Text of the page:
Image provided by: University of Nebraska-Lincoln Libraries, Lincoln, NE
About The farmers' alliance. (Lincoln, Nebraska) 1889-1892 | View Entire Issue (May 28, 1891)
THE FARMERS' ALLIANCE, LINCOLN, NEB., THURSDAY, MAY 28, 13)
THE MODERN STYLE OF POETRY.
Western ports ol modern schools
Now the style in vere:
At twisting lines all out of shape
They're getting worse and worse.
And then your face your eves about
while way this read And
uj&op apiMdn jsdsd tno tuni inx
And get your bearings fixed.
... tbe crescent styie of
You may get the rhythm mixed.
Once more you close tho ranks.
I patient world will turn one day
And this will come to piws:
The Poet'i Corner.
I Keep offthe grass. j
Fiom the San Francinco Examiner.
HOW MEG LOST.TIIE BABY.
One morning Sirs. Sackett put Julia
carefully into her carriage. She tuck
ed her up with rugs, afghans and
alia wis. Meg often wondered how the
baby could breathe; but Julia was
fat and hearty, and Meg knew that
she grew heavier. So it niut ha ve
agreed with lier.
"Keep where it's pleasant and sun
ny, and take good care oilier," said
ghe said this every day. M'."g took
as much care of Julia as any well
meaning but careless girl of fourteen
does a baby. At the crossing she
thumped the carriage down into one
gutter, and banged it up out of the
other. The baby was used to this,
and only opened her eyes wide and
gasped on arriving on the other fide.
Meg was just turning the corner
when she heard her mother's voice.
"Stop at Ilurd's and send home
three pounds of brown sugar and a
half-pound of tea!"
Meg thrust her elbows through the
handle of ' tho baby carriage, and
crocheted as she walked. Crocheting
tidies was Meg's favorite pastime.
She always had a tidy under way.
Hurd's was a corner grocery store,
with a door opening on each of the
two streets. Meg wheeled the car
riage close to the show window, and
fastened the wheel with a stone so
that it couldn't roll off.
Julia sat still, and aazed with at
tention at the resplendent advertise
ments of Jenk 3 soap ana lompKtn s
irinper. although she must have known
these placards bv heart, liabies have
to endure so much which they do not
understand that it ts not surprising
that tliev become philosophers.
Hurd's was crowded, as it always
was in the morning, but Meg did not
obiect to waiting. She chatted with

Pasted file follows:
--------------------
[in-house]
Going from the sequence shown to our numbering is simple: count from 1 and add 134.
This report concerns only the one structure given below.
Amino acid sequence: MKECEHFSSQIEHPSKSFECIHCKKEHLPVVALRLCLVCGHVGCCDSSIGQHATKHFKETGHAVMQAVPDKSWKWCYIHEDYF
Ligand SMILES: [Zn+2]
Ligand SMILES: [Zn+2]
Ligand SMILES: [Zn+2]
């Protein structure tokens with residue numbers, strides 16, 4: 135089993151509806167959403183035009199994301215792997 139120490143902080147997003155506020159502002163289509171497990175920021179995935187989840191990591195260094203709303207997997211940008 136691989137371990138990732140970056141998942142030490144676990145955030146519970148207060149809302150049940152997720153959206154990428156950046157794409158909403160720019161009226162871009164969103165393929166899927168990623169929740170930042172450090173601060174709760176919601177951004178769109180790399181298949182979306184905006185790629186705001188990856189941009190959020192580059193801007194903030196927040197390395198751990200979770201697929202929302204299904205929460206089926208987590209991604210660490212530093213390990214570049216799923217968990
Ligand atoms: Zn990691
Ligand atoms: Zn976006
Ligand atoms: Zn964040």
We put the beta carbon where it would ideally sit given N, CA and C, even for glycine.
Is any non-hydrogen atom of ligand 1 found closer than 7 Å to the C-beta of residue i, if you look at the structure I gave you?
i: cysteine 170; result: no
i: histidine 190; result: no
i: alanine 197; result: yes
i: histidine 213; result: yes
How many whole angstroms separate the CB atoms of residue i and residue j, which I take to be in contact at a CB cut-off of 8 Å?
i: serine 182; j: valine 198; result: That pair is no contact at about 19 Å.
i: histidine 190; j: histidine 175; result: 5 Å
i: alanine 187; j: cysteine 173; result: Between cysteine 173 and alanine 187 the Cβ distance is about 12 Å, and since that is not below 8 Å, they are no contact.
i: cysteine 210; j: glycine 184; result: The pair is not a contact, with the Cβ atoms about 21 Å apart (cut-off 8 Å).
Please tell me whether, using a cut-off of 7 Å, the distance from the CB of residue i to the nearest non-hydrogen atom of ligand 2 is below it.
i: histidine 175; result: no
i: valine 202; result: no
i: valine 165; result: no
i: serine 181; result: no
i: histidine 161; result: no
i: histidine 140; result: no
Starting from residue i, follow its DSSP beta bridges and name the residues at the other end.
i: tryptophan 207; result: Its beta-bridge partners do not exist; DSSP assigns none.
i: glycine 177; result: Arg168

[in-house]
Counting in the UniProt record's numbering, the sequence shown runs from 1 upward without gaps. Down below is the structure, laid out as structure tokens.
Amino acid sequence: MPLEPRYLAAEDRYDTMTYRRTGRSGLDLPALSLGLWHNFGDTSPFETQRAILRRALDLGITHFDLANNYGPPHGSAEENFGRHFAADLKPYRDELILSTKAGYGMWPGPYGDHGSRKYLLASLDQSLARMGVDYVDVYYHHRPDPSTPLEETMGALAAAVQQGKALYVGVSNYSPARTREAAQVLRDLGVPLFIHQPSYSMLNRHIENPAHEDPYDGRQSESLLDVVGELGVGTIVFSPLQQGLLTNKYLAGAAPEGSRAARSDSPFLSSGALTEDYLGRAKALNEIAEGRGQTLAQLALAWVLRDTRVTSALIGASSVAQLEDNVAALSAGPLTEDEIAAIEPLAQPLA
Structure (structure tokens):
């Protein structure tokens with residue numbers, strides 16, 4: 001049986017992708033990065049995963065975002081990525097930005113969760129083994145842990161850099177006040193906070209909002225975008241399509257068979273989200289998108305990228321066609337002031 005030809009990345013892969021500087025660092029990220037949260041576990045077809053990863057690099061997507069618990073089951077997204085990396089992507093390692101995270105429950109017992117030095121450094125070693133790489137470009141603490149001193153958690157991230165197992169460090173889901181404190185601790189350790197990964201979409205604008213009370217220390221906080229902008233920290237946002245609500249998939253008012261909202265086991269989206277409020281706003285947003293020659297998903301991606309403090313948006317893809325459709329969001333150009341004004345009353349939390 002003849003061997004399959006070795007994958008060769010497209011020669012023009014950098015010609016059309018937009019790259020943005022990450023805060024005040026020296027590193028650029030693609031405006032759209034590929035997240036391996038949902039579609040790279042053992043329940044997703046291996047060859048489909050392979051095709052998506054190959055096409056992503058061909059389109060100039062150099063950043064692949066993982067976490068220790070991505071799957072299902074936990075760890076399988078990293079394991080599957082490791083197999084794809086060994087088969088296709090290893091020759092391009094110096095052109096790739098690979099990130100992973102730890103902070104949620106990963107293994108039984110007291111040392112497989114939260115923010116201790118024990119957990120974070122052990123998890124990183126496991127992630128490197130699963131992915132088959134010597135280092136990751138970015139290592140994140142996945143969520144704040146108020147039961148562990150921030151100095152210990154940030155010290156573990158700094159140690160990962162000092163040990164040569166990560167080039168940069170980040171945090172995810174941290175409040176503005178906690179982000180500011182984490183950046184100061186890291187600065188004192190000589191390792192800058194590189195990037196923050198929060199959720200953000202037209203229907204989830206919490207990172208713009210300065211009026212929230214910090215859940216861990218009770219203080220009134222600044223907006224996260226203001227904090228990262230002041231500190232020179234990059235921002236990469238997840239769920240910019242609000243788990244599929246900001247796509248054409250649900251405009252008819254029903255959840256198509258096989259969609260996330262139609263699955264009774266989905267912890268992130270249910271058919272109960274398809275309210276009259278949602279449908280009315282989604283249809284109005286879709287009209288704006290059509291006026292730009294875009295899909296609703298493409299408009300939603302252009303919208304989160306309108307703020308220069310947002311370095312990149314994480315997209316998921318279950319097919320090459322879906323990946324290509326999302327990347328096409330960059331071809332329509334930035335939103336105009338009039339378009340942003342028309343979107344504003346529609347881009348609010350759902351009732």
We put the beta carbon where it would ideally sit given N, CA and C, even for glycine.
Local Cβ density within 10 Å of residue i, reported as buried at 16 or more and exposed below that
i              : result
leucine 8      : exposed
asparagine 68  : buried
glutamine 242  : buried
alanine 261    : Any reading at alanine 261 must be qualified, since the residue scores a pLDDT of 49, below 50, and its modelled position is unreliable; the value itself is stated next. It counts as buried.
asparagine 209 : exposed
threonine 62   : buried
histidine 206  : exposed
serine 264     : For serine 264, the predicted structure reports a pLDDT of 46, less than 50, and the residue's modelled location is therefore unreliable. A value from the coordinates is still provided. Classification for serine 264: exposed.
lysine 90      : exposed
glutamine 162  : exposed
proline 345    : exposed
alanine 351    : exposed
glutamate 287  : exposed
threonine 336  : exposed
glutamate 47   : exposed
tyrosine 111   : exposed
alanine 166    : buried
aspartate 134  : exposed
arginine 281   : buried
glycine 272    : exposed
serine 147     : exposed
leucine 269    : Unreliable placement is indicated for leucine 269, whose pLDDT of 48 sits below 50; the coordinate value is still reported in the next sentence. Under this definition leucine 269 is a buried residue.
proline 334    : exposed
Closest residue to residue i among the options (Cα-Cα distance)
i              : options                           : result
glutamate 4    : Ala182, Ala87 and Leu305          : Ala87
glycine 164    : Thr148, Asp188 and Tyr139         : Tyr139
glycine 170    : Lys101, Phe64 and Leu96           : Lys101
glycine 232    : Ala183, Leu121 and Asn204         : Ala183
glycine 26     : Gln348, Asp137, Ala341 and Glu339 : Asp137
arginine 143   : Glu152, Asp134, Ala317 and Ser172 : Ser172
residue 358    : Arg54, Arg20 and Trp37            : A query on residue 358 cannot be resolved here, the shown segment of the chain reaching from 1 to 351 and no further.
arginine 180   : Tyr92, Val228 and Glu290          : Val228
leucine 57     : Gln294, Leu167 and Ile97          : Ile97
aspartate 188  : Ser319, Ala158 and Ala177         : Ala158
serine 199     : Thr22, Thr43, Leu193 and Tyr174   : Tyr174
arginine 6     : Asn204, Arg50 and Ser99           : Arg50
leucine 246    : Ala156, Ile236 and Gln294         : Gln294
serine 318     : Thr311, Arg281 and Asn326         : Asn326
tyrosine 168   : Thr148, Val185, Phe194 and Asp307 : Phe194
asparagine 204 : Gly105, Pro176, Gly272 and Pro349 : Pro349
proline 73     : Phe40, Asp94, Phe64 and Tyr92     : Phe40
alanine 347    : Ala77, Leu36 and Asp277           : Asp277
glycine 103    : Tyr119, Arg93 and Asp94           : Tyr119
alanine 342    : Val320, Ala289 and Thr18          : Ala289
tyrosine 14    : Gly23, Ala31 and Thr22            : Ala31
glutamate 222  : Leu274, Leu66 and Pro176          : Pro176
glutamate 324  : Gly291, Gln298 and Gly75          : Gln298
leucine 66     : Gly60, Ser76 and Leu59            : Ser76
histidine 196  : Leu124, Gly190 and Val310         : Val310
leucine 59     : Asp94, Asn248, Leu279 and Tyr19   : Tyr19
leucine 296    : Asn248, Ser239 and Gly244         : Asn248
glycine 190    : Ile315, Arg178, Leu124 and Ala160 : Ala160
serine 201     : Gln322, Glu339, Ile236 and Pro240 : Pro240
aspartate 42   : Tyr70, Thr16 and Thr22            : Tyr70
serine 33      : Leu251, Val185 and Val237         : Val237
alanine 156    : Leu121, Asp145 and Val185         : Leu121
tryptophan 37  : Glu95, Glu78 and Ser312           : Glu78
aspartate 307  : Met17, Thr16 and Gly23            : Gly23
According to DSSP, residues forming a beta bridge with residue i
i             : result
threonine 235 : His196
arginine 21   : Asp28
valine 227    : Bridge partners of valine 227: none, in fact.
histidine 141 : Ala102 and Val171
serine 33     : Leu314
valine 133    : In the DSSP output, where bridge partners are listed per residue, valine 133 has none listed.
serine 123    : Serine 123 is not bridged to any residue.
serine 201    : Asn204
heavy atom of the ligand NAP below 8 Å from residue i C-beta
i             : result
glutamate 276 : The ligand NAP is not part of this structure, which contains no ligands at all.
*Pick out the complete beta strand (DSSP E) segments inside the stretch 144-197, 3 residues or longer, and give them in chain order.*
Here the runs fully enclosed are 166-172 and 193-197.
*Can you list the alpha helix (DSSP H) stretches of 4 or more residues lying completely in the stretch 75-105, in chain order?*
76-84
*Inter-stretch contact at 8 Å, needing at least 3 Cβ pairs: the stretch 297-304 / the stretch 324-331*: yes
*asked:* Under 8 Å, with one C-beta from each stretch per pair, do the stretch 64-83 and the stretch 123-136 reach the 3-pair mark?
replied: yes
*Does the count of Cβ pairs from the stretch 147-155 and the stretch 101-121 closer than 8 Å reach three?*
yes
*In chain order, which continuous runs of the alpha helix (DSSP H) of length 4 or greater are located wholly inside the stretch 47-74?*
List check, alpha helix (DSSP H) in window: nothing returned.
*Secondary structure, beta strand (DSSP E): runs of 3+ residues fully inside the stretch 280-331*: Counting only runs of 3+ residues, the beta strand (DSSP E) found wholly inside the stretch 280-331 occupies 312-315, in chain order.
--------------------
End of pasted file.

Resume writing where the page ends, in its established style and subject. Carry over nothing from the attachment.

Katie Allen ami Lou French, and
even drew out her tidy nnd did two
rows before the salesman had time to
attend to her.
Then she ordered sugar nnd tea with
as grand an air as that worn by Mrs.
Ponsonby, who "resided" in a four-
story brown-stone house on a stylish
avenue, whilo Mes lived in a "third
"Wait for me!" said Katie Allen
"I've got to go to the butcher's."
"All riLht." answered M-8.
Klie waited and when Katie started,
he walked with her, talking brisnly,
down tho st reel almost a block before
klinsilddrlllv cried: "Oh
1 foryot the
but imb?" asked Katie.
'Why, I our baby with me and
I've gone ami leit me carnajpi uuv
aim, the store!"
"There wasn't any baby at the dtmr
mun we rntii) nut.'r rviilU-d Kate.
"ure etiotmli," s;id Me& "there
riliea'tisedlnbcwtlderiiifnt at Kulw's
iiitl vex. nnd tlitij iTt'i:
Oh, I kit"! I etiuie in nt tl.n other
door; th.t' It' Ni round hi liar
Tlutuirl ran Imwhinaly Imm k, "d
tttrmd tlMcontrr. 'IVr was iiil.itl-
rhrr land at iwh ohT, and
k'stia wmiUlhn IriiiiiUd l-tit Unit
Mill UMiktnl Mi'i'lllll.
"VHxt ti didtt't brina tarv
'Yew. I did! I UU Iht Jut Lr
t 'uld t he turtuxp v rwltoil do n
It. tr.J! '
M. I.n.U t tip ndd.)vn tl.Btrrt
V, rutins hi ny'st,
"IVrhiijMi thi'niul thought )m
an l hit iu mw
M. t-u t.t rrv. aUtW word.
. t-i t i mi.
im Ihmw qui' k, and 'n il J"t
tiothe a . 1..'
mi t..k Wtki a t tim. W a
ft.i. Uw t tits,luHl Mr
A. u . hi m tltlutil for i hi (
jhuik. Uy t tk h t l
tnuH lx '.( 1 1. ..BM.t UtHid, Ua
and look!" she ordered. She was a
hard-working woman, and treated
things in a matter-of-iact way.
But when Meg came back to
report that no one had seen baby or
carriage anywhere, Mrs. Saekett be
came alarmed. She forgot to wold
this time. She put on her bonnet,
and searched the street thoroughly.
She inquired nt all the stores, and
even went to the police station.
Coming back from her fruitless ex
pedttioiC she dropjied wearily into a
chair by the door. Meg could not
bear to see her mother's white face.
She picked up her hat and crept down
stairs. An organ man was playing a lively
tune, and Lou French's little sisters
were dancing to the music. They
came up to ask Meg "if the baby was
found, and Meg, without looking at
them, choked and rushed down the
street. She walked on in a breathless
state for several blocks, and hapjen
ed to pause for breath just where there
sat, on a doorstep, a boy about
twelve years old,- with a woebegone
and tear-stained face.
Meg looked at him and asked,
abruptly. "What's the matter? Have
you lost a baby?"
"Lost a baby!" shouted the boy, in
dignantly. "ou clear out of this!"
He seemed to look as if he thought
she was making sport of him.
Meg was glad to "clear." She had
onlv spoken out of the abundance of
her thoughts. She walked along,
surveying absently the windows she
passed. She wondered if all the babies
who lived in those houses were safe,
or if their parents were hunting for
any of them in grocery stores and
At the next corner she stopped